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On the “iPhone X”

Following the unveiling of the “iPhone X” last week, netizens and tech pundits were quick to post commentaries about the device.

Presented with the “iPhone 8,” “iPhone 8 Plus,” and “Apple Watch 3,” the device is the commemorative model that celebrates the 10th anniversary of the iPhone this year, which now does away with the iconic “Home Button” for a mostly all-display front.

Following are some online comments and concerns dipping into the potential “hits” and probable “misses” the device may incur as it swings the bat.

Facial recognition in lieu of a fingerprint reader – One of the “iPhone X’s” new features is support for facial recognition protocols – a system which allows the device to “identify” its owner by “sight.”

Basically, the feature takes the place of the Home Button fingerprint reader as a security system that can unlock the phone or access online accounts without having to key in username-password combos or a PIN.

Given that the phone’s facial recognition system frontlines its security features, concerns pertaining to hacking or unlocking it in certain conditions (like wearing sunglasses while using it) have been brought up.

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Though there are rumors purporting that Apple has made safeguards against hacking and workarounds for its use in certain conditions, the question as to just how practical facial recognition is in “real life” scenarios won’t be resolved until the first batch of “iPhone X” owners will have their say on its practical use.

Portrait mode photography – Given that smartphones have become the preferred device for snapshots these days, queries on the “iPhone X’s” camera capabilities have been raised.

Comparisons based on technical specifications of the model and smartphones by other brands have been made in this regard – mostly pitting the “iPhone X” against Samsung’s “Galaxy Note 8” model.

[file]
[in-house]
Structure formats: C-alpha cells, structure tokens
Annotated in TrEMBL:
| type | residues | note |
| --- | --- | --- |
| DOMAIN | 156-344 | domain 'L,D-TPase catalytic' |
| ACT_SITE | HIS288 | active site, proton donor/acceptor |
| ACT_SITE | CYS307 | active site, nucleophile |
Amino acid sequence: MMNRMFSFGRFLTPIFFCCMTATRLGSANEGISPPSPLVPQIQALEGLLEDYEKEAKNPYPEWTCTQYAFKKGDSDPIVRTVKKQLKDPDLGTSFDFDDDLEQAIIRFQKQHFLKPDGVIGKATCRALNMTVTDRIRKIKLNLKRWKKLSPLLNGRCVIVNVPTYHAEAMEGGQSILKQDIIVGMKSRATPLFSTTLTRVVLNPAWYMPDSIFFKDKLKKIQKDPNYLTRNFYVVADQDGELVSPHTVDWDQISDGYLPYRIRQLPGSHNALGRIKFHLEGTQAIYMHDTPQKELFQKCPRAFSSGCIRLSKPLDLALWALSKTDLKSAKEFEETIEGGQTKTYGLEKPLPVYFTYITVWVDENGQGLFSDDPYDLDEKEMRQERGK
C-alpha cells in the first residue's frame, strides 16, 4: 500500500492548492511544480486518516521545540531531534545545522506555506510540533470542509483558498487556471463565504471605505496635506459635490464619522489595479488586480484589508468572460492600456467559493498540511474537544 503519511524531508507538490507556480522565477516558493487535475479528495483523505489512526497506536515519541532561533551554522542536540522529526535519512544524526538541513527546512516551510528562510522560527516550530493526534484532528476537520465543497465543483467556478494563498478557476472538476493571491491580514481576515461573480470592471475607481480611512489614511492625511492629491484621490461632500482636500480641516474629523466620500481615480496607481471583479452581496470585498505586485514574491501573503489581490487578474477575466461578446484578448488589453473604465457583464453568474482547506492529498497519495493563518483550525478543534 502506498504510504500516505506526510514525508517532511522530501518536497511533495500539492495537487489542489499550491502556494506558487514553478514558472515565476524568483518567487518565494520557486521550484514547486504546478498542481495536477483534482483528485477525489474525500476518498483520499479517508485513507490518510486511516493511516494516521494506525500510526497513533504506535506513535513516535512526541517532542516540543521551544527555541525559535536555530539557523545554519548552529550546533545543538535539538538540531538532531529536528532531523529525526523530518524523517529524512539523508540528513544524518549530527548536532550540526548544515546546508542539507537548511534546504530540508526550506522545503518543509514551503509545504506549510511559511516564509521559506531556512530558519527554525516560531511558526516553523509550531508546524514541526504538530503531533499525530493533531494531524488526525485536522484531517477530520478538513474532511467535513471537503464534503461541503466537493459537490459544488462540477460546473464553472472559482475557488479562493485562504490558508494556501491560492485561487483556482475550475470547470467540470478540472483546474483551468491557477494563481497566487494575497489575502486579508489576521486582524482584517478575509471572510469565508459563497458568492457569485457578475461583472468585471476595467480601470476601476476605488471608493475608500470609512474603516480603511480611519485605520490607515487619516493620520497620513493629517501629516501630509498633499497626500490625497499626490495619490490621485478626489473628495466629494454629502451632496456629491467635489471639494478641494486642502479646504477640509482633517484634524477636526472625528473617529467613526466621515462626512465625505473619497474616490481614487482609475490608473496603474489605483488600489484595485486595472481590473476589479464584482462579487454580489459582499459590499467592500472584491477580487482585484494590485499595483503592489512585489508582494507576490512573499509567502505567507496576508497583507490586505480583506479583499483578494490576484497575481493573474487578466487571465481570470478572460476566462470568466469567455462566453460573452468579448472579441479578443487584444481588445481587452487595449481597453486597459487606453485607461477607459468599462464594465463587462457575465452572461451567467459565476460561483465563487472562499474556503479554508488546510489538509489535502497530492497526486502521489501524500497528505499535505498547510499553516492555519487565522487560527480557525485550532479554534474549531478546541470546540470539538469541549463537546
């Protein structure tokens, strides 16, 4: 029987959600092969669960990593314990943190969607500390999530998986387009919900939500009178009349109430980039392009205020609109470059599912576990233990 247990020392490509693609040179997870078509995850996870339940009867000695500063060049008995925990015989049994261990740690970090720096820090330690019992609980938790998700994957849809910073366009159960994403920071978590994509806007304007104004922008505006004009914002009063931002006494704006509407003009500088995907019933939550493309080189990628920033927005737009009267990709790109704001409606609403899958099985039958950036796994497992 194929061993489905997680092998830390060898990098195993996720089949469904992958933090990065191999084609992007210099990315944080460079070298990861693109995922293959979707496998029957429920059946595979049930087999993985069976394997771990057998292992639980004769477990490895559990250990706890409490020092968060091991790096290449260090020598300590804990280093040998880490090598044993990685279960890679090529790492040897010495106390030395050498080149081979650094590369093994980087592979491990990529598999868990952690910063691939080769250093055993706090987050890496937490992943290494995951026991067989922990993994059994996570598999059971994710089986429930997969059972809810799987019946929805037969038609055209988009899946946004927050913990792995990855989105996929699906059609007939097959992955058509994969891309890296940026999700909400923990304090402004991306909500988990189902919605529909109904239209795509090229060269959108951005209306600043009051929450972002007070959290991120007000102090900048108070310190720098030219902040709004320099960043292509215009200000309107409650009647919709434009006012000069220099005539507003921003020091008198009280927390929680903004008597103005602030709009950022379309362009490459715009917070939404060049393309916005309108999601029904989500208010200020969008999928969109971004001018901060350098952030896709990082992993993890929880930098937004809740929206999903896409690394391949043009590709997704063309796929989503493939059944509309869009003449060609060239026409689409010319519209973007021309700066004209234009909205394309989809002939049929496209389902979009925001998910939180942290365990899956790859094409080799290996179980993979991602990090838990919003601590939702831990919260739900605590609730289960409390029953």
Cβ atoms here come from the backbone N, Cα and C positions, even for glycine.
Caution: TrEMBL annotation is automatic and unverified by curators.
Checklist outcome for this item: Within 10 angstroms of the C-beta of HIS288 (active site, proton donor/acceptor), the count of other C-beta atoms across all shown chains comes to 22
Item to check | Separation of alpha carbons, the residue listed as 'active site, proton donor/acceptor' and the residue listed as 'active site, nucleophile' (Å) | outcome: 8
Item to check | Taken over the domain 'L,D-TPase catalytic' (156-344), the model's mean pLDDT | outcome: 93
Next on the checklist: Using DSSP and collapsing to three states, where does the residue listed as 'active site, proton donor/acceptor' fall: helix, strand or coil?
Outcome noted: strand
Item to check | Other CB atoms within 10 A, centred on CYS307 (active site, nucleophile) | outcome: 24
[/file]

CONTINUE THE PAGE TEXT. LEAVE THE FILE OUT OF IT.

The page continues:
The comparisons point out that both units draw a tie between main camera shooting, citing that both highlight support for optical image stabilization or OIS. OIS implementation means that the units can take good shots in low light conditions and can record videos with the least amount of shaking.

Both units also come with a main camera “portrait mode” function, which is essentially a shooting mode wherein the bokeh background effect in a portrait photo is made more nuanced.

However, Apple fans are citing that the “iPhone X” has an edge over the “Galaxy Note 8” since it’s portrait mode includes its front-facing camera and not just its main or back camera. They are asserting that selfies taken with the “iPhone X” are likely going to be more dramatic than the “Galaxy Note 8”.

Again, the matter as to which unit is better at taking selfies won’t be resolved until “iPhone X” owners will have their say.

On augmented reality and virtual reality – Augmented reality (AR) and virtual reality (VR) have become buzzwords in the mobile devices segment of late – emerging technologies that immerse electronic consumers in more engaging ways of content consumption and interaction.

AR essentially entails laying virtual elements over real world scenes, examples of which would entail real-time star chart mapping/viewing or playing games that integrate AR elements.

Comparisons between the “iPhone X” and Samsung’s “Galaxy Note 8” have been made in terms of AR and VR support, and most are convinced that the “iPhone X” would most likely bolster Apple’s AR platform.

This conclusion stems from Samsung’s “early lead” in the VR segment in its “Gear VR” line, but this doesn’t mean that the “iPhone X” won’t come with support for VR.

Again, conclusions on how well the “iPhone X” fairs in its AR and VR offerings can’t be drawn until the device is made available by the last quarter of 2017.

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